dignity.
It is pointless to speculate on his replacement,
for like his predecesoor, Walter White, there will
never be another like him. We should hope - no,
pray that this venerable organization Wilkins has
headed with such honor for so many years, will be
guided by someone who will carry forward his
leadership and standing as if it were on his
shoulders, carrying it to even greater heights.
It is a shame that this civil rights group that has
done so much to raise so many from a stooping
position to one of standing proudly erect, should
be in a strapped condition for funds.
And it would be my hope that the organization
while permitting Wilkins to return to private life
after a long and honorable service would,
nevertheless, continue to avail itself of his wisdom
and sweeping intellectual know-how by placing
him in a position of an executive-director-emeritus
consultant. He would thus continue, on
another level, his highly useful existence, and we
would be the richer for the arrangement. (NNPA)
MAGAZINE WEEK
by Sherwood Ross
You may not care what
happens to the Hopi and Papago
Indians out in Arizona but if
you want to keep well, and see
your children grow up strong
and healthy, you might take five
minutes to read this warning.
WARNING: THE U. S.
DEPARTMENT OF
AGRICULTURE MAY BE
DANGEROUS TO YOUR
HEALTH. At least, that's been
the case based on the foods that
the U. S. government has been
peddling to the Indians, and it
may well be true of the kinds of
foods the government is dishing
out under its various programs
designed to feed the nations
poor.
I call to your attention the
new issue of PREVENTION
magazine, which is charging the
government is passing out "junk
foods" that are inferior to! the
traditional staples of the Arizona
Indian tribes. According to. an
article titled, "White Man's
Food Bad Medicine for Indian
author Dominick Bosco said that
what the Hopi were getting from
the government braintrusters
were "barrels of white flour,
white rice, degerminated
cornmeal, hydrogenated
fat...barrels of junkl"
No, the Indians did not get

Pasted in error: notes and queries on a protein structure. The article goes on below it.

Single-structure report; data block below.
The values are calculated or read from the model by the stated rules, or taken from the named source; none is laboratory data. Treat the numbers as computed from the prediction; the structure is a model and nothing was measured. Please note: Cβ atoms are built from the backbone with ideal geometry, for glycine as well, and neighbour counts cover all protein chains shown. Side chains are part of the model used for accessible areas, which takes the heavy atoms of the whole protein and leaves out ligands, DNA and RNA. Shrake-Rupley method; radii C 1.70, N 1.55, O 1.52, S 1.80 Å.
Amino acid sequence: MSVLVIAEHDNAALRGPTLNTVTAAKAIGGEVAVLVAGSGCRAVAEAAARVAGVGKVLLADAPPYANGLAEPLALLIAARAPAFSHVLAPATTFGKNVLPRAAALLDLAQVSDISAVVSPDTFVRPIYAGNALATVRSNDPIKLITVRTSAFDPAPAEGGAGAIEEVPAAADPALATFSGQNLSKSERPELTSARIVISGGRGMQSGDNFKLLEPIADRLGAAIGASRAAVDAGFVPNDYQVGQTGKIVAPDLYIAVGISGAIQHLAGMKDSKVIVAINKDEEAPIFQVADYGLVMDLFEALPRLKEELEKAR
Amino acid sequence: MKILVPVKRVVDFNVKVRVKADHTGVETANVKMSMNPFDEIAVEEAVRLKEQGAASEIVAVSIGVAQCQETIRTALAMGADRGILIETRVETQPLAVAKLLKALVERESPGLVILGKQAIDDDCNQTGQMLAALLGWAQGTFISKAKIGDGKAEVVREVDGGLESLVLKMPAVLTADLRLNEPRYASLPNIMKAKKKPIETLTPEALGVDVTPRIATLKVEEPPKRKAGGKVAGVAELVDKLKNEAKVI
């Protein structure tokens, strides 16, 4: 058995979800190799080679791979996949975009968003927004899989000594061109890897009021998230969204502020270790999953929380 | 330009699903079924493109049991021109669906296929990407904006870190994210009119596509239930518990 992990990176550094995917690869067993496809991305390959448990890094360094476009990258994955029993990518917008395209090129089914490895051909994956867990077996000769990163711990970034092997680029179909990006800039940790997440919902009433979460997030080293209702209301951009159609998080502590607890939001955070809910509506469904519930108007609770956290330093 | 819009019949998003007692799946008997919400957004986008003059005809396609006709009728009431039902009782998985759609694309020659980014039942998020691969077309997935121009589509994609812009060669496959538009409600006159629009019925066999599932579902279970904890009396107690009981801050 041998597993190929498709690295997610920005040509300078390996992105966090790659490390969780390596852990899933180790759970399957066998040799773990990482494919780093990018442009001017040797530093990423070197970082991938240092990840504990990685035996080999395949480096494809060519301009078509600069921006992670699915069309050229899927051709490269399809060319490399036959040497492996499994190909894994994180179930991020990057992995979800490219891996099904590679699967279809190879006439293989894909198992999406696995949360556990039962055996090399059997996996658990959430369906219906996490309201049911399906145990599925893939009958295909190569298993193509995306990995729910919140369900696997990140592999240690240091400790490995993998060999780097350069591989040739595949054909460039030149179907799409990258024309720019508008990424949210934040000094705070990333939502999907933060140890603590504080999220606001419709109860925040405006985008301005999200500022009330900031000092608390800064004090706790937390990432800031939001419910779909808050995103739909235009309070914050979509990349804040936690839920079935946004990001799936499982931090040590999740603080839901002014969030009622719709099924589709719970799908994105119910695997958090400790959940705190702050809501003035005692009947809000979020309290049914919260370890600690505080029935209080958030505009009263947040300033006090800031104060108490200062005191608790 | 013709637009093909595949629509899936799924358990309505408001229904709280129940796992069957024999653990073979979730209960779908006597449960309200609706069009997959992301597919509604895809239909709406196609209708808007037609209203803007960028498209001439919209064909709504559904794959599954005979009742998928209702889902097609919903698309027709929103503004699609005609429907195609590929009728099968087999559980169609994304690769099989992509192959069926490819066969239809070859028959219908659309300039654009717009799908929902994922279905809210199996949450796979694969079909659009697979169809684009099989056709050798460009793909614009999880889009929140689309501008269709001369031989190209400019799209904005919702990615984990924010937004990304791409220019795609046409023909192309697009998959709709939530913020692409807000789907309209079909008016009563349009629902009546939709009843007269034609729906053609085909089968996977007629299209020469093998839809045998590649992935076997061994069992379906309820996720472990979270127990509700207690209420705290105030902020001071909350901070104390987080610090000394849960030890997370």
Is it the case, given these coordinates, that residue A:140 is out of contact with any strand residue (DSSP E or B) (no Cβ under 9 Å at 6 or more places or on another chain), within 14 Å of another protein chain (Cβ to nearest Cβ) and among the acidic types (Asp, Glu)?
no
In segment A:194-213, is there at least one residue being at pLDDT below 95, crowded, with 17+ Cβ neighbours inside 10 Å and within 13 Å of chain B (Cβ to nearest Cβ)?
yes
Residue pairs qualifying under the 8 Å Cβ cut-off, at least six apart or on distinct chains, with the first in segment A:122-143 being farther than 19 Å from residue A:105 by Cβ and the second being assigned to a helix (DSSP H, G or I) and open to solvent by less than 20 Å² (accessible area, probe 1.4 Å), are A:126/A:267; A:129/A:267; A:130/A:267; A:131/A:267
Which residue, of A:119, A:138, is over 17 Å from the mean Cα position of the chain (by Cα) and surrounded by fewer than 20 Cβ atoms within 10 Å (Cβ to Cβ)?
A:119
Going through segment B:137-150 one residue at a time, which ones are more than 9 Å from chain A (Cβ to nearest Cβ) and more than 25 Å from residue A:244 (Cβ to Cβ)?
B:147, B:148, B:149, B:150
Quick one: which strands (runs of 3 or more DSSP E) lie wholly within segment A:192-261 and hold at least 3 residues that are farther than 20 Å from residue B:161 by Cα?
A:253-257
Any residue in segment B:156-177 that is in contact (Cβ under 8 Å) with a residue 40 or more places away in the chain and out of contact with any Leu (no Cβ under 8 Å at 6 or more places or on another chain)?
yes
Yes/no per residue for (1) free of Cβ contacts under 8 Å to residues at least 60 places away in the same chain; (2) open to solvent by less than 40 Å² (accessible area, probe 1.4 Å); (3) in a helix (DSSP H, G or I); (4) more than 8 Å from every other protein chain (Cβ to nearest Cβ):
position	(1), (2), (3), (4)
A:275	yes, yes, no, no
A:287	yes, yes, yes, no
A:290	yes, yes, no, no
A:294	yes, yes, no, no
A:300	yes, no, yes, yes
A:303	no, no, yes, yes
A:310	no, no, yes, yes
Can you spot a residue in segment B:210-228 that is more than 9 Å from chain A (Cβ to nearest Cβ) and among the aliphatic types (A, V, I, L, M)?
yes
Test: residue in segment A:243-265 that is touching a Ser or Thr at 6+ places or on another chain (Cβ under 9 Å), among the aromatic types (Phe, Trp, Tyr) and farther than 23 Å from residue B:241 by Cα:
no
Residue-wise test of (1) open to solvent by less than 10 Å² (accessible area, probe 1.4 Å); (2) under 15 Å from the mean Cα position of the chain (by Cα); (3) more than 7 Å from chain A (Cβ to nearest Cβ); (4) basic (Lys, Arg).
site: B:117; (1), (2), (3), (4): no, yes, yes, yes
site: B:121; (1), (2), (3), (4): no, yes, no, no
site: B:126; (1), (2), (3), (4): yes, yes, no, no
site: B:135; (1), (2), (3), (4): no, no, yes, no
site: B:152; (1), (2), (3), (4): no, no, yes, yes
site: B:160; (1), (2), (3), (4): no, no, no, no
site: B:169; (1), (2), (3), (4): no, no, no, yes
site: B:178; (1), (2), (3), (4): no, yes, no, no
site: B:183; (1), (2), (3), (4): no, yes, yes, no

such nutritional foods as meat,
milk, eggs, fish, fresh vegetables
and fruit in significant
quantities. Instead, they got
starchy, filling edibles that filled
bellies but have little to offer in
the way of nutrition.
Author Bosco compared the
Hopi cornmeal to the
commercial product and found
it had twice the calcium, more
iron, and four times the zinc
than what the white man was
handing out. The same went for
Hopi bread and so on. All of
which ought to make us
re-examine the foods
available under U. S. Government
aid and doled out to children in
the public schools.
Are these children being given
lots of white bread? (Don't
believe 'em when they call white
bread 'enriched,' mother. Nearly
everything decent has been
milled out of white bread made
commercially and the 'enriched'
that is put back in won't make
anvbodv verv healthy.)
Are the children being given . North tadtaa 27701.
See MAGAZINE WEEK page 8
THE CAROLINA TIMES
. LE. AUSTIN
Editor-Publisher 1927-1971
Published every Saturday at
- Durham, N.C.
by Utfted Publishers, Inc.
MsJUug Addrev.iRQ.Box 3825
Durham, North Carolina 27702
Second Class Postage Paid at
Durham, North Carolina 27702
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TOTAL 8.84 1
Two Years
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Things You Should Know
THE REV.
CORNISH
Pastor of the African presbyterian
church, new york city, he was an intrepd
pioneer of journalism . in 1827 he co
e0it0re0 the first american ne0ro
NSWSPAPR,rREEDOM JOURNAL IN
1630, IT BECAME RIGHTS QFALL IN
1837, HE PUT OUT THE WEEKLY ADVOCATE
THI8 WAS LATER RENAMED THE COLORED
AMERICAN